Identifying Problems in ZFS
The following sections describe how to identify problems in your ZFS file systems
or storage pools.
You can use the following features to identify problems with your ZFS configuration:
Detailed ZFS storage pool information with the zpool status command
Pool and device failures are reported with ZFS/FMA diagnostic messages
Previous ZFS commands that modified pool state information can be displayed with the zpool history command
Most ZFS troubleshooting is centered around the zpool status command. This command analyzes the
various failures in the system and identifies the most severe problem, presenting you
with a suggested action and a link to a knowledge article for more
information. Note that the command only identifies a single problem with the pool,
though multiple problems can exist. For example, data corruption errors always imply that
one of the devices has failed. Replacing the failed device does not fix
the data corruption problems.
In addition, a ZFS diagnostic engine is provided to diagnose and report pool
failures and device failures. Checksum, I/O, device, and pool errors associated with pool
or device failures are also reported. ZFS failures as reported by fmd are
displayed on the console as well as the system messages file. In most
cases, the fmd message directs you to the zpool status command for further recovery instructions.
The basic recovery process is as follows:
If appropriate, use the zpool history command to identify the previous ZFS commands that led up to the error scenario. For example:
# zpool history
History for 'tank':
2007-04-25.10:19:42 zpool create tank mirror c0t8d0 c0t9d0 c0t10d0
2007-04-25.10:19:45 zfs create tank/erick
2007-04-25.10:19:55 zfs set checksum=off tank/erick
Notice in the above output that checksums are disabled for the tank/erick file system. This configuration is not recommended.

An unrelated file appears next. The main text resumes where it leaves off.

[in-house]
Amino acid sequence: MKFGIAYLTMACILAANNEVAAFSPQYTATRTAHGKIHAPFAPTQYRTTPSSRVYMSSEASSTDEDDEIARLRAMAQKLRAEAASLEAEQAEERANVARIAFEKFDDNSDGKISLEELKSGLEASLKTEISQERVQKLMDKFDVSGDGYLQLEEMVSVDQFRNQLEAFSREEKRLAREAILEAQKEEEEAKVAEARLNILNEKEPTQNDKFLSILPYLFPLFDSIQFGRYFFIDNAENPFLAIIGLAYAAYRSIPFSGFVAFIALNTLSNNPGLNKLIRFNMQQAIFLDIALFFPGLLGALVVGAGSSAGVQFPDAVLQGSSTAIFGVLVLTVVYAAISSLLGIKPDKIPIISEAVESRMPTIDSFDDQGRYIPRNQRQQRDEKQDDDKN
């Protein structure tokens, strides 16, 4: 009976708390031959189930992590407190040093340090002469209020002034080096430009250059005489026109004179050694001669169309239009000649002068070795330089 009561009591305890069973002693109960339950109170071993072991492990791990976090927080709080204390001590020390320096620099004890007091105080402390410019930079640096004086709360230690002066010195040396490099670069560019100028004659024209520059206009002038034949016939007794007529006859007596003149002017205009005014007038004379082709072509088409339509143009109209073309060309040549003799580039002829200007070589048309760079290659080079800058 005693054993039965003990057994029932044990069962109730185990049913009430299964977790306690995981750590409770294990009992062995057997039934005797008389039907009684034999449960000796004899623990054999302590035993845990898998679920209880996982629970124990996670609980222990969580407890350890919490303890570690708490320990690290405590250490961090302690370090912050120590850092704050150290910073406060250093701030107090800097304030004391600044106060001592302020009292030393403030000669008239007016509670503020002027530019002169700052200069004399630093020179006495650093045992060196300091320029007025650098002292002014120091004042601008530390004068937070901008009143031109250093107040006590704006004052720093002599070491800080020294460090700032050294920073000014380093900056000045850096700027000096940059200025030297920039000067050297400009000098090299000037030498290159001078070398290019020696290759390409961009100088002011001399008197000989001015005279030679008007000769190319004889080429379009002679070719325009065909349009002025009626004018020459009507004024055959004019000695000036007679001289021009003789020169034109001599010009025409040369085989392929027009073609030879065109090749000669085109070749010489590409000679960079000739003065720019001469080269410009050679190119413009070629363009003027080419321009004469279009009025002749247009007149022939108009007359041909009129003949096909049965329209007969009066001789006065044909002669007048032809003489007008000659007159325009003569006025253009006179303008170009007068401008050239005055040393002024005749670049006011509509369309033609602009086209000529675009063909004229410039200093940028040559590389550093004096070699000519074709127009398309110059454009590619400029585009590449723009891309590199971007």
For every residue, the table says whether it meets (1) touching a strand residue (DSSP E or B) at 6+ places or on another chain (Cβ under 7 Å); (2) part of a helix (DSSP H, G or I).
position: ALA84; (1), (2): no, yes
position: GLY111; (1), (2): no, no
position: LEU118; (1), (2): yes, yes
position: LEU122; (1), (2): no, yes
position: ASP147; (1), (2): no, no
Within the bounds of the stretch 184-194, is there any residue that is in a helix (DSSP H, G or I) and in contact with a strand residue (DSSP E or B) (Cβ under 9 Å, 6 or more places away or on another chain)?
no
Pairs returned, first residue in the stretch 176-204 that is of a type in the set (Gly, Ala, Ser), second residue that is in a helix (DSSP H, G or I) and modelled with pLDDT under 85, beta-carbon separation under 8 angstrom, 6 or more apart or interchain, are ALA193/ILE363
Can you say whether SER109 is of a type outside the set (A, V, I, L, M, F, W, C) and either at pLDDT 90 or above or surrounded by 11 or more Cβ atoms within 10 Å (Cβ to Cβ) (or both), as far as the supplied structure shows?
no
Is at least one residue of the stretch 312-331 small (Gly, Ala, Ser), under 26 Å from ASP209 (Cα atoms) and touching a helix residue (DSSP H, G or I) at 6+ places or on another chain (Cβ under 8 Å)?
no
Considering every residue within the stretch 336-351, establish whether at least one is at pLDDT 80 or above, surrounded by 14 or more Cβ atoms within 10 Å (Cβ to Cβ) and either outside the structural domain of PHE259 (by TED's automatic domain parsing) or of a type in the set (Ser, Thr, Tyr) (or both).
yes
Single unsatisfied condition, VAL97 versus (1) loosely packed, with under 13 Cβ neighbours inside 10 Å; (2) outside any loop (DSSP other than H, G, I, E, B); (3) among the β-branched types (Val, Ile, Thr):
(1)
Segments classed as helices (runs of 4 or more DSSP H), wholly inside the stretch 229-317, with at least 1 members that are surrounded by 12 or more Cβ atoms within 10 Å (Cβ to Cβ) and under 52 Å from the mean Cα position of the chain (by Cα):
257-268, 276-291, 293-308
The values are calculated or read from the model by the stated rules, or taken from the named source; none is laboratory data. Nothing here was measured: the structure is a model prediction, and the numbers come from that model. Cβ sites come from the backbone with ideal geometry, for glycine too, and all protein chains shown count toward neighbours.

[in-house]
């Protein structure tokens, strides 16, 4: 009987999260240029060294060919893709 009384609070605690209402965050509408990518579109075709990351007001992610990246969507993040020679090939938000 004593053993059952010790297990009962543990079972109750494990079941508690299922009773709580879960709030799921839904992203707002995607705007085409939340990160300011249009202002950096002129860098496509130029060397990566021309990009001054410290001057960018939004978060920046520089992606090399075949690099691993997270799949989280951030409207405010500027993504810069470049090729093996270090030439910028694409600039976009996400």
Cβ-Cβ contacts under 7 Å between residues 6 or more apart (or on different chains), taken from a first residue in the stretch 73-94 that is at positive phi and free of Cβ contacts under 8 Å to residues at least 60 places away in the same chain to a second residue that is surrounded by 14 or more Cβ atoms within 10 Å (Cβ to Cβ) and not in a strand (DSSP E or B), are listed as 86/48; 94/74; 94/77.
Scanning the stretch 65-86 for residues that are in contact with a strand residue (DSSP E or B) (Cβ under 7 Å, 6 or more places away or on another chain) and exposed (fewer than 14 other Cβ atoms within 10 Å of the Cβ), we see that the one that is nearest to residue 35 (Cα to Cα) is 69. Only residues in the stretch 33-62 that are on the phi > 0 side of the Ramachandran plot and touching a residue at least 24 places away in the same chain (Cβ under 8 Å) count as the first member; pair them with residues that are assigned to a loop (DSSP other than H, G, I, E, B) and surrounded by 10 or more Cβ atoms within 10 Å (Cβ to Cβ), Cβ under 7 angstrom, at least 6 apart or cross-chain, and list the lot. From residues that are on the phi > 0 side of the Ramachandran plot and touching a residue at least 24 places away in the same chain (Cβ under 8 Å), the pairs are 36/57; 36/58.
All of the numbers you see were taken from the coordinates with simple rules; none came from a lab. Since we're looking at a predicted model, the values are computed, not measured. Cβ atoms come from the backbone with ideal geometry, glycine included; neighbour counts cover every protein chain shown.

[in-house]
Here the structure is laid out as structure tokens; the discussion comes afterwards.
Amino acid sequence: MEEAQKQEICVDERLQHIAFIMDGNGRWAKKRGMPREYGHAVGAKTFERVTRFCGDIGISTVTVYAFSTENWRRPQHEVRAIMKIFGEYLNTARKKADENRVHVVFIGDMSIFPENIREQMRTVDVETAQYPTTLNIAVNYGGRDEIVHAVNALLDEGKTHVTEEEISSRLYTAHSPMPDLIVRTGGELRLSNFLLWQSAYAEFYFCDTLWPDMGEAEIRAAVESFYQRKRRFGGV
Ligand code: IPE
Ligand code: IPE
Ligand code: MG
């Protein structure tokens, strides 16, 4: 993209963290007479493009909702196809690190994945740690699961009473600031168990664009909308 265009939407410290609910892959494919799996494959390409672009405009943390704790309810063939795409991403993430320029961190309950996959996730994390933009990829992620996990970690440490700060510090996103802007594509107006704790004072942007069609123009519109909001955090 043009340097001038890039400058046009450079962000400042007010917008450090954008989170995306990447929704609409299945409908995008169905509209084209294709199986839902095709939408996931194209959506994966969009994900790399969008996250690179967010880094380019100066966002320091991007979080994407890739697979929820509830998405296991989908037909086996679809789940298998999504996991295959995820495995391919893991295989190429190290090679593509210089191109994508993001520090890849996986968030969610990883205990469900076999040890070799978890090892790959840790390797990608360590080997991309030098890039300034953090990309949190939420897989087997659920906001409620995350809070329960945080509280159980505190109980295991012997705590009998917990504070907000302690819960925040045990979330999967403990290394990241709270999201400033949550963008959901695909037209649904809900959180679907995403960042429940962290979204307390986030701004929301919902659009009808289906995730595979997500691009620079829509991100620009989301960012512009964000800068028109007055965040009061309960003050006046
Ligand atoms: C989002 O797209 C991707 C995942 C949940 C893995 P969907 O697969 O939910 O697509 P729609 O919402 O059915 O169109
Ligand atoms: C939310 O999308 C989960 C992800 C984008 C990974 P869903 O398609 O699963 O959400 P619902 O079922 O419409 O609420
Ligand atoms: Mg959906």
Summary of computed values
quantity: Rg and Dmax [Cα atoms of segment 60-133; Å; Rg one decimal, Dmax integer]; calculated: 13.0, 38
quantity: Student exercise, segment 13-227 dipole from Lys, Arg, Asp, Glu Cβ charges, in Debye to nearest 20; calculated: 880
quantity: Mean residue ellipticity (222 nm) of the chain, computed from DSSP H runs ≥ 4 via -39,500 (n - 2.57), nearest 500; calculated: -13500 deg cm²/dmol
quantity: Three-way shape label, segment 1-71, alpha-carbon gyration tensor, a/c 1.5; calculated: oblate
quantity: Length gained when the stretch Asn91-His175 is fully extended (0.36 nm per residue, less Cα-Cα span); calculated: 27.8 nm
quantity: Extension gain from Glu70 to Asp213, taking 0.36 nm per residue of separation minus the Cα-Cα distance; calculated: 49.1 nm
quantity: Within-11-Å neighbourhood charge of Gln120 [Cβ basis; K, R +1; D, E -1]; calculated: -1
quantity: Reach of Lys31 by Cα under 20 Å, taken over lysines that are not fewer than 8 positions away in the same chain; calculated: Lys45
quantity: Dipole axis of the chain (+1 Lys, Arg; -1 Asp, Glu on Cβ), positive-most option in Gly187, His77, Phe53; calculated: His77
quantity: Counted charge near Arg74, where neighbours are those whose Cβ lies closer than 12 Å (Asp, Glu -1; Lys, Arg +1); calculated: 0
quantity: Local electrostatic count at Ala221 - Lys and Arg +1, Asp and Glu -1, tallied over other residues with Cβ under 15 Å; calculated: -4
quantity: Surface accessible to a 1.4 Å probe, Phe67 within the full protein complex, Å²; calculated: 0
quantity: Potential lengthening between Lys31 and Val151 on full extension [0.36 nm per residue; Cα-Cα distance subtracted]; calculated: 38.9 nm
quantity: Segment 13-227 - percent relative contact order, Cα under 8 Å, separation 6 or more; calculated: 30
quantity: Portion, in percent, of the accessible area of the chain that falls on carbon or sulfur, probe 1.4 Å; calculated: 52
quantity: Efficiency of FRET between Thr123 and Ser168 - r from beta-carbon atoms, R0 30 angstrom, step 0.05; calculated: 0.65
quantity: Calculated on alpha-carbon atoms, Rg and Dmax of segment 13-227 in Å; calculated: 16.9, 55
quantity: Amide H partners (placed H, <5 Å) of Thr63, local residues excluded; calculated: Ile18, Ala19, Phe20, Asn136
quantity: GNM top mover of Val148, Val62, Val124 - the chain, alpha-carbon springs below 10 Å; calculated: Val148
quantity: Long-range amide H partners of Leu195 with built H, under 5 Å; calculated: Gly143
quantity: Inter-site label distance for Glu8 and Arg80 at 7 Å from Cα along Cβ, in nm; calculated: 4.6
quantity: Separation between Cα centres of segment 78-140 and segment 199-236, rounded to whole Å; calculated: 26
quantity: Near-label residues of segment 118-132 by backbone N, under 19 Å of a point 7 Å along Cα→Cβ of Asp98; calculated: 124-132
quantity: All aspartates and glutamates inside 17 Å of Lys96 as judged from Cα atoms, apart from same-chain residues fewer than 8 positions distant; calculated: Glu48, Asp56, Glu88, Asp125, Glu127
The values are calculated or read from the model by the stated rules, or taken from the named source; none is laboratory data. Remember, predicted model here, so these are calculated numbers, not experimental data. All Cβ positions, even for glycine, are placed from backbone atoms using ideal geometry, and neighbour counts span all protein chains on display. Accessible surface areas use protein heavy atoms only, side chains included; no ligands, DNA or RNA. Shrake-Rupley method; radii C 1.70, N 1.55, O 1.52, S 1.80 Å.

Identify the errors through the fmd messages that are displayed on the system console or in the /var/adm/messages files.
Find further repair instructions in the zpool status -x command.
Repair the failures, such as:
Replace the faulted or missing device and bring it online.
Restore the faulted configuration or corrupted data from a backup.
Verify the recovery by using the zpool status -x command.
Back up your restored configuration, if applicable.
This chapter describes how to interpret zpool status output in order to diagnose the
type of failure and directs you to one of the following sections on
how to repair the problem. While most of the work is performed automatically
by the command, it is important to understand exactly what problems are being
identified in order to diagnose the type of failure.
Determining if Problems Exist in a ZFS Storage Pool
The easiest way to determine if any known problems exist on the
system is to use the zpool status -x command. This command describes only pools exhibiting
problems. If no bad pools exist on the system, then the command displays
a simple message, as follows:
# zpool status -x
all pools are healthy
Without the -x flag, the command displays the complete status for all pools
(or the requested pool, if specified on the command line), even if the
pools are otherwise healthy.
For more information about command-line options to the zpool status command, see Querying ZFS Storage Pool Status.
Reviewing zpool status Output
The complete zpool status output looks similar to the following: